The representation of the biological processes are combined to generate a model of chemical sensitivity of the skin. Generation of models of biological systems are described, for example, in U.S. Patent Nos. 5,657,255 and 5,808,918, entitled "Hierarchical Biological Modeling System and Method"; U.S. Patent No. 5,914,891 , entitled "System and Method for Simulating Operation of Biochemical Systems"; U.S. Patent No. 5,930,154, entitled "Computer-based System and Methods for Information Storage, Modeling and Simulation of Complex Systems Organized in Discrete Compartments in Time and Space"; U.S. Patent No. 6,051 ,029, entitled "Method of Generating a Display for a Dynamic Simulation Model Utilizing Node and Link Representations"; U.S. Patent No. 6,069,629, entitled "Method of Providing Access to Object Parameters Within a Simulation Model"; U.S. Patent No. 6,078,739, entitled "A Method of Managing Objects and Parameter Values Associated With the Objects Within a Simulation Model"; U.S. Patent No. 6,539,347, entitled "Method of Generating a Display For a Dynamic Simulation Model Utilizing Node and Link Representations"; U.S. Patent No. 6,983,237, entitled "Method and Apparatus for Conducting Linked Simulation Operations Utilizing a Computer-Based System Model"; and PCT publication WO 99/27443, entitled "A Method of Monitoring Values within a Simulation Model." The methods further can comprise methods for validating the computer models described herein. For example, the methods can include generating a simulated biological characteristic associated with skin or cells exposed to a chemical, and comparing the simulated biological characteristic with a corresponding reference biological characteristic measured after chemical exposure of skin. The result of this comparison in combination with known dynamic constraints may confirm some part of the model, or may point the user to a change of a mathematical relationship within the model, which improves the overall fidelity of the model. Methods for validating the various models described herein are taught in U.S. Patent Publication 2002-0193979, entitled "Apparatus And Method For Validating A Computer Model, and in U.S. Patent No. 6,862,561 , entitled "Method and Apparatus for Computer Modeling a Joint."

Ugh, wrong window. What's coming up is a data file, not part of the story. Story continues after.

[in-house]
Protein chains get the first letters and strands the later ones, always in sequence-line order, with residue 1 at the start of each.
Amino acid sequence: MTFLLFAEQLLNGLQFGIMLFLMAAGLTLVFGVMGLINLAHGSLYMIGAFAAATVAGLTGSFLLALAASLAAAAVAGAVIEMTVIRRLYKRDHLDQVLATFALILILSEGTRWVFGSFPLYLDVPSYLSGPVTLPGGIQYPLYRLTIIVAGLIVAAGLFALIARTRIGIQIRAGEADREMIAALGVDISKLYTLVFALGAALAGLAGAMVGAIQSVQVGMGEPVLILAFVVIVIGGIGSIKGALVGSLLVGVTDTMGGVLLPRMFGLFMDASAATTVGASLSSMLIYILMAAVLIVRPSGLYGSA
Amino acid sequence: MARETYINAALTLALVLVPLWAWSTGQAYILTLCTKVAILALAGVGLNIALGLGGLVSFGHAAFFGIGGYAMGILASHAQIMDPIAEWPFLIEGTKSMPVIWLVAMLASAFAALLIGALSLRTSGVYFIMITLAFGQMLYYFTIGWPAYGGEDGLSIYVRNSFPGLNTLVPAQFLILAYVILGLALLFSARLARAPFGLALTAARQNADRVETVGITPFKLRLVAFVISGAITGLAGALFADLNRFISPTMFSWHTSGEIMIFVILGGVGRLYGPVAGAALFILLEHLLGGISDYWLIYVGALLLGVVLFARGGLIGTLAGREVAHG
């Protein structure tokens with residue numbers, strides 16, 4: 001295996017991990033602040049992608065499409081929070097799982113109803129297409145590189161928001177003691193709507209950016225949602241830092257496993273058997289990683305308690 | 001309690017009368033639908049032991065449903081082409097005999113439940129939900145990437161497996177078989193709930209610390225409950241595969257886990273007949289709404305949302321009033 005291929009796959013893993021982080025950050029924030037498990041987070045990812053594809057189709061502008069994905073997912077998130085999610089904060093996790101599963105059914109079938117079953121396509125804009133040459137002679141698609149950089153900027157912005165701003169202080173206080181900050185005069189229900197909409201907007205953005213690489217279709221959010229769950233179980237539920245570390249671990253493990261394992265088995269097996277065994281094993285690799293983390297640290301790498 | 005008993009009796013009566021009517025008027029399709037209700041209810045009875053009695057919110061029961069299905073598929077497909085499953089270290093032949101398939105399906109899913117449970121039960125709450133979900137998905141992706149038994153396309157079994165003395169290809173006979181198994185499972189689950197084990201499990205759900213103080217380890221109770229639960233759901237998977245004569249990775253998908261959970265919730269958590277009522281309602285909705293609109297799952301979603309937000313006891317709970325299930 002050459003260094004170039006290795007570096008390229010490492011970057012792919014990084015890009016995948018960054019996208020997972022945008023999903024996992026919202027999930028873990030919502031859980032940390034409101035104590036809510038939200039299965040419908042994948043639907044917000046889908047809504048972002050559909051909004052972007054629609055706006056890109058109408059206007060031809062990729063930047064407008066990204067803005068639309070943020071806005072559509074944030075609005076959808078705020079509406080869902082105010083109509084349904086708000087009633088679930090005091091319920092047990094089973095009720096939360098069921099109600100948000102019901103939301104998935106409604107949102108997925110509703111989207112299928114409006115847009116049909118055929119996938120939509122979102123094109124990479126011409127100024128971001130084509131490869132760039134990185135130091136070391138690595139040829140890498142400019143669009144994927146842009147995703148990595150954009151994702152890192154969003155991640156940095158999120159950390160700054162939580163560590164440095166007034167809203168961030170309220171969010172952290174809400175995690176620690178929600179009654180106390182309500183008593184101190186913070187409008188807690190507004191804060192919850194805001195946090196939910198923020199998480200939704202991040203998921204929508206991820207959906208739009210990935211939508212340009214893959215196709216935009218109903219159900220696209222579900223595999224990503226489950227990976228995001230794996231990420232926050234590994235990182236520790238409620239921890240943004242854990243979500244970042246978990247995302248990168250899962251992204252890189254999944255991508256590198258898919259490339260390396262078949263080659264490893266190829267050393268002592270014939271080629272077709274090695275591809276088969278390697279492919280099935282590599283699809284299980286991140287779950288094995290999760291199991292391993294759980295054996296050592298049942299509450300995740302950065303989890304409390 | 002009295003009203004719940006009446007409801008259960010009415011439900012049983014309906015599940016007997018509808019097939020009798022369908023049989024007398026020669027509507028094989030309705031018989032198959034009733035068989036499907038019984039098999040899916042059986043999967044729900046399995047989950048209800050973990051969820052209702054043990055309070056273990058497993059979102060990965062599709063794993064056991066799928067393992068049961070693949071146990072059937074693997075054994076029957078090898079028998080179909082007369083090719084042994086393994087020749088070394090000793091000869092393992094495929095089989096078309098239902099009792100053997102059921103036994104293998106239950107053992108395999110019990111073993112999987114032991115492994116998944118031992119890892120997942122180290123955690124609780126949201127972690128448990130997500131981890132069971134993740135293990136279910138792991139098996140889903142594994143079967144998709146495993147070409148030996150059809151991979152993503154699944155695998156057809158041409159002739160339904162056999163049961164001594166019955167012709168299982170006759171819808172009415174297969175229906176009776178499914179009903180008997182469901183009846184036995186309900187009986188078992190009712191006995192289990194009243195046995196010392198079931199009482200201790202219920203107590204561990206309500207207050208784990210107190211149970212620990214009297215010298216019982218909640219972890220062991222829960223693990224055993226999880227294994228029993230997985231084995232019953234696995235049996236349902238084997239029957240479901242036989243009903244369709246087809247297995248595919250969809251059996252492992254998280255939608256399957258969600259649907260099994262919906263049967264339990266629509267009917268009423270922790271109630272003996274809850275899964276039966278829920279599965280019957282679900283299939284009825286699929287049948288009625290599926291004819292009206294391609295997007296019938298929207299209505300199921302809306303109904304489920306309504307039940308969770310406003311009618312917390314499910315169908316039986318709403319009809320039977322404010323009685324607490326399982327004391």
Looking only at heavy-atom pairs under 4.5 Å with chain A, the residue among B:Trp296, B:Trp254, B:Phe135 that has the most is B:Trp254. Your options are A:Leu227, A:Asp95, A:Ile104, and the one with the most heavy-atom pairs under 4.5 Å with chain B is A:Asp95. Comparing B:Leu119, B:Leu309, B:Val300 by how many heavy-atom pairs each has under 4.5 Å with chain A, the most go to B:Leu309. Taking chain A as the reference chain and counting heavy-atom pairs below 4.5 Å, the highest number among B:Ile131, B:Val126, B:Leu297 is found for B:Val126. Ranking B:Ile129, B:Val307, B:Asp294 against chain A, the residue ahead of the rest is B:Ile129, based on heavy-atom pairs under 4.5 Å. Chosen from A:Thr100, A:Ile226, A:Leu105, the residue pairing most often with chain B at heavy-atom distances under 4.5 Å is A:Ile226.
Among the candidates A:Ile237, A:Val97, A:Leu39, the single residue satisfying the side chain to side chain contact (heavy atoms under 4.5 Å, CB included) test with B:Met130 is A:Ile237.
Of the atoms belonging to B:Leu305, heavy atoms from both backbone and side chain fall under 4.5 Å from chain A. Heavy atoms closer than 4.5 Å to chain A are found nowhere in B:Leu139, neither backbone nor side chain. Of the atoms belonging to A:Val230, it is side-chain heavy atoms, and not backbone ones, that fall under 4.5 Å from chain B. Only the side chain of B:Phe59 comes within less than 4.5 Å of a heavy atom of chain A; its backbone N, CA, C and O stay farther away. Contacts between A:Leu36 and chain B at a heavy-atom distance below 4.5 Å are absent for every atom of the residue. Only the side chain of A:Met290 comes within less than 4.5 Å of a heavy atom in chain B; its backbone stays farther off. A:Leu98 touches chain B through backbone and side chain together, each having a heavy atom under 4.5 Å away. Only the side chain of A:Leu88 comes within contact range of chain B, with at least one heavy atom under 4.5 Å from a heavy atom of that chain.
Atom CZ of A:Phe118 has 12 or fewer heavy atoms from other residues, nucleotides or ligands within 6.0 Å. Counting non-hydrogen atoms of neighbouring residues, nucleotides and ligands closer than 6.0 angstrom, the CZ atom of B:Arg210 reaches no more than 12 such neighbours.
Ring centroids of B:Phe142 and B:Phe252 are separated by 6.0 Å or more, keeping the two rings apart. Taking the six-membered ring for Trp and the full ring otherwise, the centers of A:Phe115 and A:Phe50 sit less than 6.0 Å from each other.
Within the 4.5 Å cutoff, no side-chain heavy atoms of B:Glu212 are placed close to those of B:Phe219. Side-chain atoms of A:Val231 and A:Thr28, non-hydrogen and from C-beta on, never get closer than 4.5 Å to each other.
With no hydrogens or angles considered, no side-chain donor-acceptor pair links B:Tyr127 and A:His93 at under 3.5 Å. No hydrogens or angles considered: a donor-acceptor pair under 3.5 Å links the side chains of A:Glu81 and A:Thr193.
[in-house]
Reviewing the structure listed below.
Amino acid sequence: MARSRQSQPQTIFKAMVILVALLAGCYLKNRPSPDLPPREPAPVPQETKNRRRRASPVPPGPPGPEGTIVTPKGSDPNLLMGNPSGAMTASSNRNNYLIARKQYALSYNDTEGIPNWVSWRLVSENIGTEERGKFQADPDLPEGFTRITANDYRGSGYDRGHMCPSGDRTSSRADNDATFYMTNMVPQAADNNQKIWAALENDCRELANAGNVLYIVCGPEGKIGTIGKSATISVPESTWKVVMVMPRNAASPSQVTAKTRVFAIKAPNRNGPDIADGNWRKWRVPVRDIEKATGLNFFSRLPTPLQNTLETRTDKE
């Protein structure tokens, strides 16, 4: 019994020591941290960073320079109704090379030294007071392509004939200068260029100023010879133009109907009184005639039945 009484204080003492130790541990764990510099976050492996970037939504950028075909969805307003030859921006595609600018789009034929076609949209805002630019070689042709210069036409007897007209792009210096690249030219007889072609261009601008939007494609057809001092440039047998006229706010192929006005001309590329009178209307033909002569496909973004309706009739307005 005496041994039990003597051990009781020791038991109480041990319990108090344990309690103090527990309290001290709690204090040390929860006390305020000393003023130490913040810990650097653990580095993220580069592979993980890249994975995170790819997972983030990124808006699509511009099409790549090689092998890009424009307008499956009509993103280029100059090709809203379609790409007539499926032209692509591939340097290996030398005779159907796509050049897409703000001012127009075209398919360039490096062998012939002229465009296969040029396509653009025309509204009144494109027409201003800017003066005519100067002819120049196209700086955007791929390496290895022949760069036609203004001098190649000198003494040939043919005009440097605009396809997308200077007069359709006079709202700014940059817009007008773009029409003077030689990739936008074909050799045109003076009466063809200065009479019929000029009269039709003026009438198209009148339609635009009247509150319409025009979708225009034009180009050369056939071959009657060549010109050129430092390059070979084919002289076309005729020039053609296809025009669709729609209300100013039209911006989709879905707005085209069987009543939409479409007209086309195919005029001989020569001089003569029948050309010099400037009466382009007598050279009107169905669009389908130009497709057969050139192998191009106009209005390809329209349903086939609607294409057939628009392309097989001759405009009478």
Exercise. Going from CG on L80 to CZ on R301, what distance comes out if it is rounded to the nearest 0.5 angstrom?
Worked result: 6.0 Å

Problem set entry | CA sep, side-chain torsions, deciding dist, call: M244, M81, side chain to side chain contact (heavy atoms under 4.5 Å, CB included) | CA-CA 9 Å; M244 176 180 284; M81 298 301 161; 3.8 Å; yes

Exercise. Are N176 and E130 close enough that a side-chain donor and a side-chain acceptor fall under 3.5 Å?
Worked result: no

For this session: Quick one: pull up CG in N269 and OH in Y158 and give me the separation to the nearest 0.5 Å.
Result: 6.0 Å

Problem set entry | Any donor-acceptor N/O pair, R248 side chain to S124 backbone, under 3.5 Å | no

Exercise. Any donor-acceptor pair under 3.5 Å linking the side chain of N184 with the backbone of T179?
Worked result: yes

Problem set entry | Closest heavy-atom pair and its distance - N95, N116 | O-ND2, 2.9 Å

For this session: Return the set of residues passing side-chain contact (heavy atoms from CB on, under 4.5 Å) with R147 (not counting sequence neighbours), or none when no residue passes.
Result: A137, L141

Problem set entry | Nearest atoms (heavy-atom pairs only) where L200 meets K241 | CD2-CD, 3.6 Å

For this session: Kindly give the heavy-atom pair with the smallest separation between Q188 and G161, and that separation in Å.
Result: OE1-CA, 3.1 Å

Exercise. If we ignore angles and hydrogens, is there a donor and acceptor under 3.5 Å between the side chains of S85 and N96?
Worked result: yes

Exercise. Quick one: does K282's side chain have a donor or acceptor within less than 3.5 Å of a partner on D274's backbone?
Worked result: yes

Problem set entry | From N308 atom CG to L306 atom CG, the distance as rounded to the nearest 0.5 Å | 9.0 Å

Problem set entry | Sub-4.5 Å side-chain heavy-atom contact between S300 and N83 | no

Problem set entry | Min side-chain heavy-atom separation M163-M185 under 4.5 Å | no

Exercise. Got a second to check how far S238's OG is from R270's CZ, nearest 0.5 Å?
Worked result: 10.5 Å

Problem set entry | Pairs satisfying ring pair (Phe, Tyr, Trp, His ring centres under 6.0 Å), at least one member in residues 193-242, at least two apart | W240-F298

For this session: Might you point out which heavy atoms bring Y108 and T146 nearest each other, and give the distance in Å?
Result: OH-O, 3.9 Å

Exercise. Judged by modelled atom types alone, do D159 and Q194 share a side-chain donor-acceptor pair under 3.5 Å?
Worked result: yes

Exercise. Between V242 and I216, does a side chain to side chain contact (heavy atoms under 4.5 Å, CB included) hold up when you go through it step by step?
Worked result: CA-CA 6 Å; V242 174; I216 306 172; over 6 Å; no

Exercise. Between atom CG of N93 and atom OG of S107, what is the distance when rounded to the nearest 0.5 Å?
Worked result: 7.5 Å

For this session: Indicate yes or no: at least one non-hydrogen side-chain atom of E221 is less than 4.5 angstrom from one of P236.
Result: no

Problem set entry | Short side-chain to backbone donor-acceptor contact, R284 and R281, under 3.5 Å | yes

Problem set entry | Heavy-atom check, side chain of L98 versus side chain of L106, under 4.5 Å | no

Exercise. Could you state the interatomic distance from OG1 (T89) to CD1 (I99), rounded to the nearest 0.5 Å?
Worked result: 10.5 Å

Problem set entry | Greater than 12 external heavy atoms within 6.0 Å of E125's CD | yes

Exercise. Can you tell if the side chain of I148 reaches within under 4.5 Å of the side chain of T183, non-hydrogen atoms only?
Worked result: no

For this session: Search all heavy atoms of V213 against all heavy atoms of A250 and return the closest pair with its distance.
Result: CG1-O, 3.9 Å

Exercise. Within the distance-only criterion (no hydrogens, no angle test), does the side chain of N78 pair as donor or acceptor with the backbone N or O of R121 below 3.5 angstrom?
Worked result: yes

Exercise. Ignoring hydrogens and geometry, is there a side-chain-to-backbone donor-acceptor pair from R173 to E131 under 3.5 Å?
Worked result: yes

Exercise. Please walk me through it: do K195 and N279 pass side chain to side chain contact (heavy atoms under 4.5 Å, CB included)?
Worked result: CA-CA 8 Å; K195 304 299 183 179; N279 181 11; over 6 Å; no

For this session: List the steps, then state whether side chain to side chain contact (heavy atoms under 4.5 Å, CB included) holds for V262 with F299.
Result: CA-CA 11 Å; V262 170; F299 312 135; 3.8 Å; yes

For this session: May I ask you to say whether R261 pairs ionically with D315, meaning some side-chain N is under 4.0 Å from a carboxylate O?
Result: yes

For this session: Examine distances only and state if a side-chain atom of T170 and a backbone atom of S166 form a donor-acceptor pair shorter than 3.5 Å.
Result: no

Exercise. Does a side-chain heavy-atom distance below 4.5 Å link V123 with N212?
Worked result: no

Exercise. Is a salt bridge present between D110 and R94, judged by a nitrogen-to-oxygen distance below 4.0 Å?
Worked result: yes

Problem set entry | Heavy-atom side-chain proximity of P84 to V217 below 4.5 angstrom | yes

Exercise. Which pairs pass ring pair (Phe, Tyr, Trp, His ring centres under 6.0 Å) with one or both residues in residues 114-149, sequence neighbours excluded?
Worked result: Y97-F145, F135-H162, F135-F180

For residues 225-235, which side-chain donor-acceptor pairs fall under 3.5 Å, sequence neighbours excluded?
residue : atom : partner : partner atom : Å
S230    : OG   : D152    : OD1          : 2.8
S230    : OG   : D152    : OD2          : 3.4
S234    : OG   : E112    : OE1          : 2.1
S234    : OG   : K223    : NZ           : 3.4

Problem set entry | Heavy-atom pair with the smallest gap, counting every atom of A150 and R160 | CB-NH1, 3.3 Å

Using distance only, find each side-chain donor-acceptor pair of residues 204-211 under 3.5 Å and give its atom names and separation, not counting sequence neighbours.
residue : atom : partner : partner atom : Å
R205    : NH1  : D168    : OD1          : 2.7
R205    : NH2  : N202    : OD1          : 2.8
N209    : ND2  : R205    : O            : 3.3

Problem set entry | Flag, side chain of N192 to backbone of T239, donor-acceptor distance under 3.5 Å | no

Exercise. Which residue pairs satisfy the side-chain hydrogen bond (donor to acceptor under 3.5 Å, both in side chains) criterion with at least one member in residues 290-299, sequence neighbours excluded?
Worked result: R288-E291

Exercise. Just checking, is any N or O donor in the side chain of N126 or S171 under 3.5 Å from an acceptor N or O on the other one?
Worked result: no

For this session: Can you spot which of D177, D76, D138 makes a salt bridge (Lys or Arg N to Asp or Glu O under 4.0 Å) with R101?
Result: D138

Systems that can be used in validation of the model include, for example, those assaying epidermal induction, such as cytokine production by epidermal cell cultures, keratinocyte cell lines or ex vivo epidermis, those assaying Langerhans cell migration through ex vivo epidermal sheets or accumulation in lymph node suspension, those assaying Langerhans cell maturation, e.g. by measuring expression of MHC or costimulatory molecules in cell culture or transgenic animal models, those assaying T cell response, such as proliferation, anergy, apoptosis or cytokine production by T cell cultures or in transgenic animal models, and those assaying lymph node conditions, such as measuring cell proliferation, cytokine production, lymph node weight or cell population distributions within the lymph node.

2,4-dintirochlorobenzene (DNCB) is one of the best characterized sensitizers in the public literature, and thus is an appropriate chemical for use in the initial testing of model functionality. The model validation can confirm whether the system response includes an appropriate level of T cell proliferation in the lymph node compared to known LLNA data, which is indicative of induction of sensitization by DNCB. The effects of additional sensitizing substances can also be tested. As a comparison, the known effects of at least one non-sensitizing irritant, for example sodium lauryl sulfate, can be implemented. In this case, simulation of the system response should give no significant T cell proliferation response. D. Computer Models of Skin Sensitivity